There is a tension between simile and metaphor, between body and mind, between memory and history. Or as the poet Wallace Stevens wrote, “… There is a war between the mind/And sky, between thought and day and night.” When I make images, I work to mine the distance between those tensions. Within the extremes there lies the possibility for radical acceptance, that sweet spot in which truth and its contradiction can coexist. I believe the struggle to find acceptance in the midst of tension is part of the universal human experience and it is fundamental to my artistic practice.
In A History of Violent Photography, I am investigating widely distributed photographs depicting violence and its aftermath, exploring how these images inform us about their history while continuing to generate new reactions.
The photographs included in this project are among some of the most famous and most violent images ever made. Many of them will be familiar, perhaps seen multiple times. The images are memorable for their historical significance, and the visceral effect their viewing has had on audiences. After looking these photographs, we, ourselves have memories of hopelessness and horror invoked by the suffering and devastation captured.
Formally, my process begins on the internet where I collect images culled from my own memory and found during my research. Each photograph is researched to better understand the people, events, and politics involved in the image, along with the photographer, along with public reaction to the work. The project includes edited images that I have created using digital editing software as well as poems I have written that discuss the details of the photograph and the difficulty in maintaining the integrity of the story (and history itself) as time passes.
The Face of Feminism Now
Moved by the extraordinary events of January 21, 2017 – the date of the global Women’s March – and my own experience at the march in Washington, DC., I embarked on a year-long project to begin a conversation with other Seacoast area feminists about the future of the movement. I presented each participant with a survey of four basic questions about their experiences as feminists and then sat down with each for an interview and photo shoot. The resulting images along with quotes from the participants themselves offer viewers a glimpse into the state of northern New England feminism today.
“I will try to explain the term ‘individuation’ as simply as possible. By it I mean the psychological process that makes of a human being an ‘individual’- a unique, indivisible unit or ‘whole man’.” - Carl Jung
Borrowing the language of Carl Jung, founder of analytical psychology, I have created a body of work that explores the construction of the integrated self, a process known as Individuation. Having suffered the unsettling states of mania and depression, as well as the altering effects of the medications used to treat my bipolar disorder, I embarked on a journey, through therapy, meditation, and art to discover my authentic self, distinct from illness and trauma. The work presented in Individuation can be grouped together into the four main themes associated with my continued recovery: psychiatric medications, talk therapy, self-care, and introspection.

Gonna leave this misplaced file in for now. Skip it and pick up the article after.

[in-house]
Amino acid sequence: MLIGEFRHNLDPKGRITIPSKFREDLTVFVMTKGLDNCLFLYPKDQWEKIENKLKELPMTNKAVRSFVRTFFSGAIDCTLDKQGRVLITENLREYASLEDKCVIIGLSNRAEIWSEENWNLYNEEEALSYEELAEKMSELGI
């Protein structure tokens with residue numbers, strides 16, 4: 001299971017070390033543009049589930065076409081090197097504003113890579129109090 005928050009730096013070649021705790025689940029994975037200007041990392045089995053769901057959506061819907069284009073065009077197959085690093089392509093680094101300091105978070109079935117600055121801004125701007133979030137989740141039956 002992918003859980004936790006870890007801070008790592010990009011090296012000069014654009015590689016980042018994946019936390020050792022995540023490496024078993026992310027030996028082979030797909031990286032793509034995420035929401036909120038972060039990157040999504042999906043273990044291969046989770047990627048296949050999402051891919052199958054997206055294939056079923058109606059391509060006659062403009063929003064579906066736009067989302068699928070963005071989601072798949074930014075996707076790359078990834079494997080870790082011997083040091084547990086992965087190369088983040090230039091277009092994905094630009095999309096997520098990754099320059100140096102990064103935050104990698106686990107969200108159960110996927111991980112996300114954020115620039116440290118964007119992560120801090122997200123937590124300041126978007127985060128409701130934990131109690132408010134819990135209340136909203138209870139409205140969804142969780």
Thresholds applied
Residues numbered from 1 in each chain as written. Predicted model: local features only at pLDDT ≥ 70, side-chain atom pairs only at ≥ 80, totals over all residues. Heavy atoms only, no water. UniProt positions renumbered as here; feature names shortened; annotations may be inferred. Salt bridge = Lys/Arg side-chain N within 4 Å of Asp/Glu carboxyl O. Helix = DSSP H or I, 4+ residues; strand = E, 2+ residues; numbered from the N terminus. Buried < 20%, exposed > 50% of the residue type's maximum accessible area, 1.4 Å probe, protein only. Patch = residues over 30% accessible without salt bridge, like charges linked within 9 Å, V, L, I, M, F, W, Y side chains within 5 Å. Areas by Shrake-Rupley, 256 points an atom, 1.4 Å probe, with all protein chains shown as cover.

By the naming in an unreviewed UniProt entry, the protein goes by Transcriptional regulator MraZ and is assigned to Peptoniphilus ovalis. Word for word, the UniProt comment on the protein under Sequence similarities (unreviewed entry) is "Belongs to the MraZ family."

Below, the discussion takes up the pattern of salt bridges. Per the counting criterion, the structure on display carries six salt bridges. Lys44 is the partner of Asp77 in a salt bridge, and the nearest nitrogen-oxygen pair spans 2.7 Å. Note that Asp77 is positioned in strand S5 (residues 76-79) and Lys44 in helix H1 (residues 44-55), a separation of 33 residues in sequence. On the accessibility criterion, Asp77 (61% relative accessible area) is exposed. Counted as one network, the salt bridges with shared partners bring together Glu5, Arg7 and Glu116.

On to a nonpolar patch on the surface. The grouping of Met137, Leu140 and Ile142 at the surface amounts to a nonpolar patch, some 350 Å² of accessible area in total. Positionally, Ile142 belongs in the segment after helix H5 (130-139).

If You Put a Bag Over His Head
What happens to men when women regard them as objects? Is it even possible for women to objectify men in a patriarchal society? Seeking answers to these questions, I placed an ad on Craigslist and invited men to my studio where I photographed them wearing bags of my creation on their heads. With their faces covered, I was able to look at them without their knowledge. They could hear the click of the camera but had no idea where it was focused. They were unable to hide from me or prepare for my gaze. This led to a palpable imbalance of power that often made me uncomfortable, but also gave me license to look freely. The resulting photographs are visual evidence of this power and its relationship to objectification.
These photographs have also been collected in an artist’s book which expands the conversation regarding power to include the abuse of Iraqi detainees at the Abu Ghraib Prison.
Exquisite sensitivity or hyperarousal is a state of intense vigilance and anxiety. It is a survival adaptation developed by those who suffer from PTSD.
In this project, I resolve a series of questions drawn from my talk therapy sessions. A primary concern of my work in therapy has been reclaiming my experience of trauma. Exquisite Sensitivity is an artistic meditation on my process transforming this once, very necessary adaptation from a pathology to a superpower.
The work includes photographs, collage, and poetry.